Deshain In Khudi: Goats, Swings, Temples, Tikas and Lots of Meat.

The festival of Deshain (pronounced: De-sigh) is one of the most important for Nepali people. It happens around September/ October and is a time when families and communities gather together to worship, celebrate and eat.

I would compare it to the scale of Thanksgiving in the US, Christmas in the UK or Chinese New Year. It’s a big deal.

The actual festival has specific events of specific days and whilst some are flexible, the final day (in this case, the Friday: Tika day) is set in stone as the main event.

Here’s what we experienced:

Tuesday/Temple day:

This turned out to be quite a loose arrangement as we discovered the temple visit was pushed back to Wednesday. With the exception of Friday when there was a schedule, the balance of the week was a little ‘loosey goosey’. A touch irritating since we had come back from hiking specifically for the whole festival with the alternative being an additional day trekking. Gggrrrrrr

In the end, we spent the day relaxing, reading and generally waiting for instruction. Trey was asked to attend a couple of goat sacrifices with the nearby family which consisted of beheading the goat. It’s clearly a mans world here and ladies we’re not expected to join. Thankfully.

Bishnu had come down with a fever since the start of the holidays so after a trip to the doctor in Besisahar, he rested in his room. Such a hard working guy who’s body just needed a rest from working on average 18 hr days.

Some of his extended family visited us later in the afternoon and bought some of their goat meat for us to eat. One of the nephews butchered it on the porch on a wooden block. The term butchering is loosely used here as the carcass was hacked to pieces, bone, meat, and tendon all together. At one point they severed the lower intestine and poop trickled out.

That’s how they roll here.

Wednesday/ Goat Day:

As mentioned earlier, this turned out to be Temple day with Goma and her Mother dressing in their finery to worship at a small hillside temple. We were invited to join and witness the ceremony (water sprinkling, flower placing, bell ringing, incense burning, money giving). We used the balance of the day to walk to Khudi to pick up some groceries for the family (Sprite and Fanta, sugar and chicken).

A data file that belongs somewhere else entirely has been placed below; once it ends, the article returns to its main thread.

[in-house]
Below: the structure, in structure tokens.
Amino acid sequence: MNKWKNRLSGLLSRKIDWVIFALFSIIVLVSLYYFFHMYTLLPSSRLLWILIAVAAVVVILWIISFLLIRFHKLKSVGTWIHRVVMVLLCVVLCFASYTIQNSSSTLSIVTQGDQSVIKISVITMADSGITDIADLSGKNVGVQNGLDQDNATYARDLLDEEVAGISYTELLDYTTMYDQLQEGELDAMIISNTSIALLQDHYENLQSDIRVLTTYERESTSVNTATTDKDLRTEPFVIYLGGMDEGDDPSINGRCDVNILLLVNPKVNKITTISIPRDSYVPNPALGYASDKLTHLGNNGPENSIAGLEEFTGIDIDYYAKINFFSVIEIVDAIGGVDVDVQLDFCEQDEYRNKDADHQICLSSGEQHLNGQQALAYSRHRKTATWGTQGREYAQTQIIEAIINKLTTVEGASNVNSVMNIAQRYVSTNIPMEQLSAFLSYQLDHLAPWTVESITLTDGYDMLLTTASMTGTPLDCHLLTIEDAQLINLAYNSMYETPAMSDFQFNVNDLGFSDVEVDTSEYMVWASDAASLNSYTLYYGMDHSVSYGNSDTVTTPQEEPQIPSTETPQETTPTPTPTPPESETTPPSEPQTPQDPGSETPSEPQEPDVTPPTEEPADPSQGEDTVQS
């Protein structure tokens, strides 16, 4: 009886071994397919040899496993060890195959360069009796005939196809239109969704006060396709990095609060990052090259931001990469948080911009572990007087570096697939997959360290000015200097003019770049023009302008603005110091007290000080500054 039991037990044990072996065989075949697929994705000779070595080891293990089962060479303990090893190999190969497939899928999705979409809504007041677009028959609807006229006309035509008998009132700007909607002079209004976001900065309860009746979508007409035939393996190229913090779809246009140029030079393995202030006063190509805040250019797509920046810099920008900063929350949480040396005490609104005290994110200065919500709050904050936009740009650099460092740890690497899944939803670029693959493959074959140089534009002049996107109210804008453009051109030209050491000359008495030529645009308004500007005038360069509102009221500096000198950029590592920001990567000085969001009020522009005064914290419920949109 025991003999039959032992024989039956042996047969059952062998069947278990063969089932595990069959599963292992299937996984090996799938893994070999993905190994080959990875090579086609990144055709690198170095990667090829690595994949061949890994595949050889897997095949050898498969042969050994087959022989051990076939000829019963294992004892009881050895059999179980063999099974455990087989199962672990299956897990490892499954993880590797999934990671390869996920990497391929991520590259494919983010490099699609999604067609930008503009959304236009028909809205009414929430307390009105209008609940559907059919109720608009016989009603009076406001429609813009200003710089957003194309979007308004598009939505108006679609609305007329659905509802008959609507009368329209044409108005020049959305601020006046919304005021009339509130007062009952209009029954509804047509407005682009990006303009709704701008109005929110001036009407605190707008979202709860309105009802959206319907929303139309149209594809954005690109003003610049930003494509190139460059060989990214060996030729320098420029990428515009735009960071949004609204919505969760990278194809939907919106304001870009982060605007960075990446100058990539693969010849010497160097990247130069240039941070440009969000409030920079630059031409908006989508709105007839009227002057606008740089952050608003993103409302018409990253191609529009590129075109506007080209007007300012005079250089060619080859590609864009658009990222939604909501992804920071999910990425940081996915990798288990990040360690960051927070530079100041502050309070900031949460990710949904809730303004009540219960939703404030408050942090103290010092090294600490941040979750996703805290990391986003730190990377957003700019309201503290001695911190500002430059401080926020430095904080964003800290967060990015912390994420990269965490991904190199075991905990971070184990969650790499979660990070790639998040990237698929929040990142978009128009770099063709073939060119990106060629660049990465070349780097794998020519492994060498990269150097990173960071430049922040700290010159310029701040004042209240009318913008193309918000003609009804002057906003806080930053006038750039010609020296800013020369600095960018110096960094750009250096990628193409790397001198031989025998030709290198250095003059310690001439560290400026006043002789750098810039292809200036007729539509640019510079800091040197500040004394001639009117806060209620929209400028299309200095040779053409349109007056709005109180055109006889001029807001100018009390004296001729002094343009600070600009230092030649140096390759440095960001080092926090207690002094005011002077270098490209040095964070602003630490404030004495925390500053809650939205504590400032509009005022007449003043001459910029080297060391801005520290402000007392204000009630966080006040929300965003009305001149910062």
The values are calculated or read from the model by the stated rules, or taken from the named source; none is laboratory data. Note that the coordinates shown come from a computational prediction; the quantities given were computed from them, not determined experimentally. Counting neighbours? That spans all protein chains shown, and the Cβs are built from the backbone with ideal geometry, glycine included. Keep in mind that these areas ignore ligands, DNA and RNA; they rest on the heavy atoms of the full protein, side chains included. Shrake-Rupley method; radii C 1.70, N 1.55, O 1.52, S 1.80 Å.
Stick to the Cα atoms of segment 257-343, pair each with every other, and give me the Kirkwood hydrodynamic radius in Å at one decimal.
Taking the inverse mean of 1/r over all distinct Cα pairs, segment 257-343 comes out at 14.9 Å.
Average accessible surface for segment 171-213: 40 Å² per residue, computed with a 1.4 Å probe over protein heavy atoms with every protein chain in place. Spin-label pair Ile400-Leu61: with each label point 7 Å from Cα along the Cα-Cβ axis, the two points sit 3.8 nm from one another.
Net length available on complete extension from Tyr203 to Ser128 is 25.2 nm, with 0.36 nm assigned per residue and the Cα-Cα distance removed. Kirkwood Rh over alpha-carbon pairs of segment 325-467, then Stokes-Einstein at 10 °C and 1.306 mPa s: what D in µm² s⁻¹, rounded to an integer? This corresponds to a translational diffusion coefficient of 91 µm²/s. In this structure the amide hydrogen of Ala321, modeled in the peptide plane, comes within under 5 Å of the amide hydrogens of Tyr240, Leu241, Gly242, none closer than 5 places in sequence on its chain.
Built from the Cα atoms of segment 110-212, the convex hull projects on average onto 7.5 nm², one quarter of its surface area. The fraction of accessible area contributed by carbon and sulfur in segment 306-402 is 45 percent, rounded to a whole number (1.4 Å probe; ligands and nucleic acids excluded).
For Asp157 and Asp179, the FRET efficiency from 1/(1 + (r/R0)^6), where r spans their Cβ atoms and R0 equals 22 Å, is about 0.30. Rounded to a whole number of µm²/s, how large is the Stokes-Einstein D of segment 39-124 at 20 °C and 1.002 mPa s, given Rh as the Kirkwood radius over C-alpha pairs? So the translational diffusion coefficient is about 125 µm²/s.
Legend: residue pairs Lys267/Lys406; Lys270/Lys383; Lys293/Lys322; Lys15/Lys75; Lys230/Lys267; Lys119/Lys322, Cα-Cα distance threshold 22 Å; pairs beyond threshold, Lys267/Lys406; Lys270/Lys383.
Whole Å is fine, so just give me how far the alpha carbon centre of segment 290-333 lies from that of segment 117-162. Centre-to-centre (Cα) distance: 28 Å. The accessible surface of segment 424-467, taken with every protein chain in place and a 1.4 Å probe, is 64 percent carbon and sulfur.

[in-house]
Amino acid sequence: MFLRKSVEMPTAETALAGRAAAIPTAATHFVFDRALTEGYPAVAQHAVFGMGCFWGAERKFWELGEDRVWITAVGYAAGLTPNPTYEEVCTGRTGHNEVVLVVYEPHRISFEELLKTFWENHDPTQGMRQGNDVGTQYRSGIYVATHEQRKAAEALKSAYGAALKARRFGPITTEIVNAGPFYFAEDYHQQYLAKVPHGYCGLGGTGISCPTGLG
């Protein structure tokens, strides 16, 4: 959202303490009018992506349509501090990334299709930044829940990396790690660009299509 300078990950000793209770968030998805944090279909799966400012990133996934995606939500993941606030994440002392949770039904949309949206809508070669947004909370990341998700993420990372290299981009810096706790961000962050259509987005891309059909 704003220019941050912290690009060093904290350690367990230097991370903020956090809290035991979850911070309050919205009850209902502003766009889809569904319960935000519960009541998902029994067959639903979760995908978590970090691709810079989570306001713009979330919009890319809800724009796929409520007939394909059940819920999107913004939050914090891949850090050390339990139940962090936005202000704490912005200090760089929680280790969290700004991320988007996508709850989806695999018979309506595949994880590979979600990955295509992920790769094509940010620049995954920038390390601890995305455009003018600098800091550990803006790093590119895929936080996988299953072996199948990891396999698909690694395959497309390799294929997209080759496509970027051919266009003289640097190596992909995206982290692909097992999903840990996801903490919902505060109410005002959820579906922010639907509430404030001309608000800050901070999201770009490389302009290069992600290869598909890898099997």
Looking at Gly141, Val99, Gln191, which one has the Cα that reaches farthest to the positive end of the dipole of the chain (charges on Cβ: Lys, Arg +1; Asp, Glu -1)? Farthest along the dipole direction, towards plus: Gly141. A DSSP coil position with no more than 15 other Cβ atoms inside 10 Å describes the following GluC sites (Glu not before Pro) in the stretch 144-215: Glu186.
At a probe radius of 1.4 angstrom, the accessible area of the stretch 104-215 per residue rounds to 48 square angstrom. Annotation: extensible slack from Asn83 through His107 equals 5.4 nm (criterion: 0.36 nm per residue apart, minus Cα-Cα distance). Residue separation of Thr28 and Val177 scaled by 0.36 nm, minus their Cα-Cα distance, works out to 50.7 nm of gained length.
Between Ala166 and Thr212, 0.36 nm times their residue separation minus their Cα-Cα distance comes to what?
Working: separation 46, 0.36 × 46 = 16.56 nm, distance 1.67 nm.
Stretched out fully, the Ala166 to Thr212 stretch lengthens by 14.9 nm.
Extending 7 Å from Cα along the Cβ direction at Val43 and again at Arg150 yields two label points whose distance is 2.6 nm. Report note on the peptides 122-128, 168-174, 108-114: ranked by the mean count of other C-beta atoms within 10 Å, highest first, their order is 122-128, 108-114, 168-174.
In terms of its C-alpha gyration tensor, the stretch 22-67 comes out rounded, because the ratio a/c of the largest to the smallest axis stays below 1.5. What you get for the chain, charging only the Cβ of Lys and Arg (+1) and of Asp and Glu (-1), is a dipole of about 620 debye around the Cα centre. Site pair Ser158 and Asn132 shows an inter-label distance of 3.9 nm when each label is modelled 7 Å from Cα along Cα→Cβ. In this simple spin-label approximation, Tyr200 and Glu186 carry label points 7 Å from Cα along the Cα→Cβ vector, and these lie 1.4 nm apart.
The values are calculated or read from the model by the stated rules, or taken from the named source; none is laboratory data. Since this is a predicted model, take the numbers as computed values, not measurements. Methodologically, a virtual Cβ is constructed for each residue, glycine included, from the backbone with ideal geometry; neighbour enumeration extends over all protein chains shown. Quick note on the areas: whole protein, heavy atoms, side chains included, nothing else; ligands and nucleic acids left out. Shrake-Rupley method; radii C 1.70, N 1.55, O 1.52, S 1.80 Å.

The family goat kept his head that day but the extended family bought over more of their goat meat to eat. They told us it was a festival of meat: they’re not wrong.

Bishnu still sick.

Thursday/ rest day:

In the morning, T and I took a walk to town again to stretch the legs and kill some time. Once back, T went with some local kids to the local festival swing* and became a local celebrity. We learnt that our goat would be spared until next week (am guessing it’s because Bishnu is still feverish?). Lucky goat. Maybe they’ll forget about him. I secretly hope so.

* Swings are a big deal at festival time. They construct 20 mtr high bamboo structures and rig up swings for people to …swing on. The one near us was in a large tree lovingly called The People Tree

More meat was bought over by the extended family. This is most definitely a festival of meat.

Friday/ Tika day- the biggest day:

This felt like the most structured day of the festival and I compare it to touring the relatives on Christmas Day. Every one gets dressed in their finery ( I wore one of Goma’s saris and one of the daughters helps me to dress, and Trey wore a Nepalise hat). As a family we walk to their elders to pay respects and to receive a tika which is a red marking onto the forehead. In festival time the red paint is mixed with rice to add texture (and potentially a snack for later?). It’s also customary to receive flowers, herbs, and maize leaves in the hair, or behind the ear if your hair is short. Women receive cash (yay). We are also given food (shocker).

As Bishnu has a large extended family, we walk to all his relatives (all within a quarter mile radius) and join in the ceremony. It’s a lovely family occasion and everyone welcomes us blessing us with ‘good health’, ‘good work’ and ‘good environment’.

By the end of the morning we have a small red rice field balanced on our forehead.

The rest of the afternoon is pretty relaxed. Bishnu was still sick so rested at the house whilst Goma’s and the girls visit another village. T and I stay home and relax.

Over the course of the afternoon more distant relatives visit and Bishnu applies tikas and gives blessings. We ended the day with more meat.

The next day, Saturday 20th, would see us travelling to Pokhara for our yoga retreat so we pack and get ready for our next location.

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